While the attorney-client communications are privileged, the witness’ knowledge of the facts of the dispute are not privileged and are subject to discovery.
II. Does the jurisdiction recognize/preserve the attorney-privilege for communications among co-defendants in joint-defense or common-interest situations? If so, what are the requirements for establishing two or more co-defendants’ communications qualify?
Arizona recognizes attorney-client privilege under the common interest doctrine. Arizona Indep. Redistricting Comm’n v. Fields, 75 P.3d 1088 (Az. Ct. App. Div. 1, 2003). The court adopted the Restatement (Third) of Law Governing Lawyers § 76(1). It requires an agreement to exchange information, a communication that otherwise qualifies as privileged, and a communication on the privileged common matter. Further, the privilege does not apply unless an attorney is involved in the communication, or the communication is intended to be made to the attorney by an intermediary. (See Sec. 70 of the Restatement).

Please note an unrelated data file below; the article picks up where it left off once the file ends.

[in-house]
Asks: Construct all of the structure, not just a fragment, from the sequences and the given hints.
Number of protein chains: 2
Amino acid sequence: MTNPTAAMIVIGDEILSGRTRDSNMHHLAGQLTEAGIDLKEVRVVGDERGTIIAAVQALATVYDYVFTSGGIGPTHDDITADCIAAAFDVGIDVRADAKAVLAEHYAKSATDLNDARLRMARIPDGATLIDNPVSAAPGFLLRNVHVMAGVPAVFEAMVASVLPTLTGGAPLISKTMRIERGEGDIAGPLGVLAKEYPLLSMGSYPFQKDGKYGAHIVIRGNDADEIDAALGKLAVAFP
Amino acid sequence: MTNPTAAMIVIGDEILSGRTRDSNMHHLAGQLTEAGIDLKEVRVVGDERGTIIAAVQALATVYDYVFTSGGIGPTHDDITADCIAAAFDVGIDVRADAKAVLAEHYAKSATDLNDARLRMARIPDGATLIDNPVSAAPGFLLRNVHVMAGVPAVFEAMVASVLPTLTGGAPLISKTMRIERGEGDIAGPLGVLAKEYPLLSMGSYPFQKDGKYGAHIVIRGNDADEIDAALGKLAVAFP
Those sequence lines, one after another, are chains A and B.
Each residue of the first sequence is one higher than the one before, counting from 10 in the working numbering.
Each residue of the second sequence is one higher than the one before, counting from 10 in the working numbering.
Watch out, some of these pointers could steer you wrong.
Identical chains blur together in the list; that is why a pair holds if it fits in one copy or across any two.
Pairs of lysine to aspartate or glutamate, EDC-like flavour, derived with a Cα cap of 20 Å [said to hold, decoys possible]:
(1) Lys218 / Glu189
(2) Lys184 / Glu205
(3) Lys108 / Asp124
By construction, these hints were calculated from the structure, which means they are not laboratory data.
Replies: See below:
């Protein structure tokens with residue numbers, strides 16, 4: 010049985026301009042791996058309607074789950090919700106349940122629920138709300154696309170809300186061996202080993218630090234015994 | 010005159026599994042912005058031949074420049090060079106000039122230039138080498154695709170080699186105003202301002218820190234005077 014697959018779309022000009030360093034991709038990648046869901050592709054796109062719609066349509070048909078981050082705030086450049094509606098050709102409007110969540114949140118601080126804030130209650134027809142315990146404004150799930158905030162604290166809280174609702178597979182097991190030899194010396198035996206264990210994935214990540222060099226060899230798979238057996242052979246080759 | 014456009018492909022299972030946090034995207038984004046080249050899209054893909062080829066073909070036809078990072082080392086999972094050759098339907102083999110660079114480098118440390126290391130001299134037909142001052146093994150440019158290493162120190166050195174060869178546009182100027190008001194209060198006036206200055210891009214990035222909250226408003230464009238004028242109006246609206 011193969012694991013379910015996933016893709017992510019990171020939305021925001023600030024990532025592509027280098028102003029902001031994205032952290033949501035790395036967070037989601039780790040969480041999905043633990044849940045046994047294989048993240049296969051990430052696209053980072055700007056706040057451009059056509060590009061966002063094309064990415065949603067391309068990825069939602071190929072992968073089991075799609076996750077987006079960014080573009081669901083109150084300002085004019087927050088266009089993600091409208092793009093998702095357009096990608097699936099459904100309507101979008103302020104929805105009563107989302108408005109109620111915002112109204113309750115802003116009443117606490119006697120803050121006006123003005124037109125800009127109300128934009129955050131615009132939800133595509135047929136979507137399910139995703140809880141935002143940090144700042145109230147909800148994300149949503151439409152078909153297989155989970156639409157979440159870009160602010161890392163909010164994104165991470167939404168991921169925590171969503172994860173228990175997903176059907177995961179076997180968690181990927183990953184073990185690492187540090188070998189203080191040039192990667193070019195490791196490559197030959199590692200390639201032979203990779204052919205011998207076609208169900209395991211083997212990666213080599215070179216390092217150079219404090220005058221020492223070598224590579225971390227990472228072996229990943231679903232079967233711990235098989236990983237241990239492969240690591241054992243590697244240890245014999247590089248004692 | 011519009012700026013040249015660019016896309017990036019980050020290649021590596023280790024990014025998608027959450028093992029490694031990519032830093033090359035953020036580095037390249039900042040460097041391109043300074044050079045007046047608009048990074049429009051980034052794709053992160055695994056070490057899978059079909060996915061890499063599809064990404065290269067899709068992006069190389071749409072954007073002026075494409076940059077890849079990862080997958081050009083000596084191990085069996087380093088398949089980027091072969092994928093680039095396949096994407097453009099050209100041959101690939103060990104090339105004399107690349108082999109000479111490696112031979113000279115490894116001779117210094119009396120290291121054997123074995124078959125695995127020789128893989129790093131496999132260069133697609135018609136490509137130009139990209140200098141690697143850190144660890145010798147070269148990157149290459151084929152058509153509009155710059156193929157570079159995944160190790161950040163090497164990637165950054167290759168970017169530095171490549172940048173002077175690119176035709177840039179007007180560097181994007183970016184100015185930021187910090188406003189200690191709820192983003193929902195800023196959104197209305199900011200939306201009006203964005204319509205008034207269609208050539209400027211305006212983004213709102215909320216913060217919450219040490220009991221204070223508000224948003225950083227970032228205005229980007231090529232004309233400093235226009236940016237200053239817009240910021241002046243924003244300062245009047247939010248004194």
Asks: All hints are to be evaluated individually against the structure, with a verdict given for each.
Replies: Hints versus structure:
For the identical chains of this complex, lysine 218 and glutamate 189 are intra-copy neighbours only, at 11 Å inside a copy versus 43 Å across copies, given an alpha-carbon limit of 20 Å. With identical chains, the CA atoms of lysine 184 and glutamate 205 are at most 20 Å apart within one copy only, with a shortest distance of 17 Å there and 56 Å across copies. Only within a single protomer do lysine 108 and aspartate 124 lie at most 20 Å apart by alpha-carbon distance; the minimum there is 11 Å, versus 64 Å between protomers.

Fields did not reach the issue of sharing communication with all persons having a common interest as is required with communications among co-clients of an attorney. That being said, Arizona would likely follow the Restatement and allow privileged communications among some members, but not thereby require disclosure to all members.
III. Identify key pitfalls/situations likely to result in the loss of the ability to claim the protections of the privilege – e.g., failure to assert, waiver, crime-fraud exception, assertion of advice of counsel, transmittal to additional non-qualifying recipients, etc.
Arizona recognizes that the attorney client privilege and work product confidentiality can be waived several ways.
a. Expert: Communications with a consulting expert are privileged, but not communications with a testifying expert (even if the testifying expert had previously been a consulting expert). Emergency Care Dynamics, Ltd. v. Superior Court, 932 P.2d 297 (Az. Ct. App. 1997).